Recently I sat down and started practicing with my Korg 01/W pro with the stock piano patches, I was very uninspired, and figured I would just wait until I got my S90XS back from repair before practicing. Every little improvement in my gear has motivated me and inspired me to continue practicing.

 

My Yamaha S90XS keybed is a joy to feel under my fingers, the Ravenscroft 275 elevates my soul with a sparkling resonance. Playing GSi's VB3 on my StudioLogic waterfall keyboard makes me feel like I am playing a real organ. And playing live with my RCF TT08a's makes me feel connected to my instrument. All of these purchases have taken LOT's of time and money to implement and have taken me away from my practice time.

 

BUT......GAS has improved my playing experience and offers me the reward for hard hours practiced and the inspiration to continue. In about 30 more years of practicing, I may be as good as my gear. Until that time, I am enjoying the path.

Yamaha S90XS, Studiologic VMk-161 Organ

Small/powerful (i7, 32GB, M.2 SSD) PC controlled by 10" Touch Screen

Cantabile, Ravenscroft 275, Keyscape, OPX-II, Omnisphere 2, VB3, Chris Hein Horns, etc.

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I have spend many hours just flipping through all of the new patches on Omninsphere,...From this perspective, I would be a much better player if those hours had been spend practicing.

 

Personally, the time I spend playing WITH my gear (rather than PLAYING my gear) does not take away from my practice time. I wouldn't be practicing anyway. ;-)

 

I'll also point out another counter-advantage. When you're exploring new gear and sounds, you sometimes stumble across something that inspires you to come up with a new song.

 

Practicing the familiar may help improve dexterity and technique. Playing around with new sounds/combinations/controls may inspire creativity. As they say, it's all good...

Maybe this is the best place for a shameless plug! Our now not-so-new new video at https://youtu.be/3ZRC3b4p4EI is a 40 minute adaptation of T. S. Eliot's "Prufrock" - check it out! And hopefully I'll have something new here this year. ;-)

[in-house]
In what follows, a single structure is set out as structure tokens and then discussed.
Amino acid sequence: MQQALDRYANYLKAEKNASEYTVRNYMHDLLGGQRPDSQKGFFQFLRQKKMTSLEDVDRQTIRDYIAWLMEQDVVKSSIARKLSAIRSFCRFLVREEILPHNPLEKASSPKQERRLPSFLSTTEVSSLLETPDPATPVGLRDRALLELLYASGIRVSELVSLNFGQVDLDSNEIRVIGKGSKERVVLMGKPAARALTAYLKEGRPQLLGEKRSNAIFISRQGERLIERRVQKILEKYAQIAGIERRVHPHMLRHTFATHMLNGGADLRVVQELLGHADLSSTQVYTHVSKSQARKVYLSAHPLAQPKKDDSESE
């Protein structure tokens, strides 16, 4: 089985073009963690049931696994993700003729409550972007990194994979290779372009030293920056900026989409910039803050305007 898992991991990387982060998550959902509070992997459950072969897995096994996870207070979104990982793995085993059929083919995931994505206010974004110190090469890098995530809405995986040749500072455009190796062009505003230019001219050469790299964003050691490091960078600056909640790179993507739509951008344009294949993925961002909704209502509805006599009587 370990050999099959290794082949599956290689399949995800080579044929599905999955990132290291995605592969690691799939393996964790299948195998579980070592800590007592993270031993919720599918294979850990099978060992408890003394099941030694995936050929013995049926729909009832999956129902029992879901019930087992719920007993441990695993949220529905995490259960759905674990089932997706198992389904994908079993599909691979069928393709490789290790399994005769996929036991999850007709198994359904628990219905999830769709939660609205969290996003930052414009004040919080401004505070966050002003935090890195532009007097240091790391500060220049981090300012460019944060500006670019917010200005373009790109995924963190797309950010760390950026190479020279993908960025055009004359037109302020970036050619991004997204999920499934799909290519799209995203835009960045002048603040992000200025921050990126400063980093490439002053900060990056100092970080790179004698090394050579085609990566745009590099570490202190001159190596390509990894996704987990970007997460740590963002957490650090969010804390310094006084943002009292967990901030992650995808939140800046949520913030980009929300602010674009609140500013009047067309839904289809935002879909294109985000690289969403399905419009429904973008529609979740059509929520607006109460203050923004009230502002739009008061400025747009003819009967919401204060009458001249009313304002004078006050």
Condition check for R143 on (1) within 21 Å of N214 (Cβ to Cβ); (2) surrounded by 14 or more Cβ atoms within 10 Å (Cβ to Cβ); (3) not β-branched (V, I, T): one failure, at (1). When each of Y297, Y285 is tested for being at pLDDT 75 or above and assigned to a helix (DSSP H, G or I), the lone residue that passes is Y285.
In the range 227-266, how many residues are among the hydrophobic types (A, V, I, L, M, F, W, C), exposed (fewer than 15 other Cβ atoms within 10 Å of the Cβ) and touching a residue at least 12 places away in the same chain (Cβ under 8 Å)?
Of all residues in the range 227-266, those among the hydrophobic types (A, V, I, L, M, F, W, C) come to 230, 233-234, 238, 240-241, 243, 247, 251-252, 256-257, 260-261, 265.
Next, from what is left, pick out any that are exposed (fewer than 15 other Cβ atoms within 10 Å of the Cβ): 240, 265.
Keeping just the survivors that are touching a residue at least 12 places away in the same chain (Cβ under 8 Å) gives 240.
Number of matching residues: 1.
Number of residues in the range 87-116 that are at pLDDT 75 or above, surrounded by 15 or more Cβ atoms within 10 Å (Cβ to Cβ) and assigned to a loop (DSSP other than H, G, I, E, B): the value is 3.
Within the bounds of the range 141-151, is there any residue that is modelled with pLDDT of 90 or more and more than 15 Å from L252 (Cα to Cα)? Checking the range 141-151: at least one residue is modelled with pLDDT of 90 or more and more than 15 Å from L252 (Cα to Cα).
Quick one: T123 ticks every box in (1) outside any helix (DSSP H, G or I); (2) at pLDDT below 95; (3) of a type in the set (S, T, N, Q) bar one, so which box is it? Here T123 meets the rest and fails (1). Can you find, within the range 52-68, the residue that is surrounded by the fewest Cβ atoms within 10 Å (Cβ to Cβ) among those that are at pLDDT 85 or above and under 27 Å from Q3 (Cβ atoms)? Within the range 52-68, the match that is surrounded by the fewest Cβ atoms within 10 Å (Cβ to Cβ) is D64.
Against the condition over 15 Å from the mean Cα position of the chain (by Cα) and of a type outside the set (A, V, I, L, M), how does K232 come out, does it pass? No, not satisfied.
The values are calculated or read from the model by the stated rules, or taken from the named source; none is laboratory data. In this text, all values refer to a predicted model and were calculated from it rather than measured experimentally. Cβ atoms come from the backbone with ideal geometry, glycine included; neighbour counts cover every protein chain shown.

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I gradually got over my GAS because the whole matter was giving me heartburn. Even adding one carefully-considered module was an invitation to an afternoon of cussing with MIDI cables draped over my shoulders. The more I reduced my stack, the more focused and *fun* it became. Its not as if any one instrument you can name isn't already bursting with powers, so having 4 or 5 is "normal;" having 15 and up is "hoarding." :cheers:

 

Sure, I'd be jazzed to lay hands to a Waldorf Quantum, but I've learned so much that I don't feel as if I NEED one. It's as close to Synth Satori as you can get NOT to drool over every cycle of new toy releases.

OTOH, I'm about to buy two new softynths. I sure hope I don't fall down by skating the thin edge of hypocrisy too closely.

  "We're the crash test dummies of the digital age."
            ~ Kara Swisher, "Burn Book"

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I went though a bad session of keyboard GAS a few years ago, ended up with all these Nords, and it's all cool. Just saying for what i do (vs. what I aspire to do), all good.

 

I aspire to be a Synth God, but -- in the meantime -- make it work, The Nords brig game every time I go out.

 

Here's what I've learned with age and wisdom: for most of us, our gear is feakin' amazing.

 

So learn to rock what you;ve got, Hey, weird coming from a dude who's got an unlimited budget, but there you have itl

Want to make your band better?  Check out "A Guide To Starting (Or Improving!) Your Own Local Band"

 

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I think it's not an either/or if you're fiscally responsible and wring the absolute most out of every piece of kit you have.

 

As a working musician, I write new gear off every year and have been blessed to do well with the taxman.

 

Software may seem to be a different story, but since I am more hardware based, I'm happier now that I use software almost exclusively for composition and recording (with the occasional foray into Onmisphere live for a very few projects) and am on a 5 year computer upgrade schedule.

"I have constantly tried to deliver only products which withstand the closest scrutiny � products which prove themselves superior in every respect.�

Robert Bosch, 1919

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Not GASsing for new boards these days. It's a day by day thing. My gen-1 Nords are still pretty awesome, and everyone loves the sounds I make.

 

The stuff works well. No complaints. I show up to rehearsals and gigs with this huge sound. Hey, good enough for the bar bands I play with ...

 

Much stronger GAS for amplification, hopefully tamed with the recent RCF TT08-a units. The new Bose F1s look pretty awesome for FOH. Resisting the urge to pull the trigger on anything until something mind-blowing comes along.

 

It's like sobriety. Every day I don't give in is a win.

 

Of course, this stance might change in a weak moment ...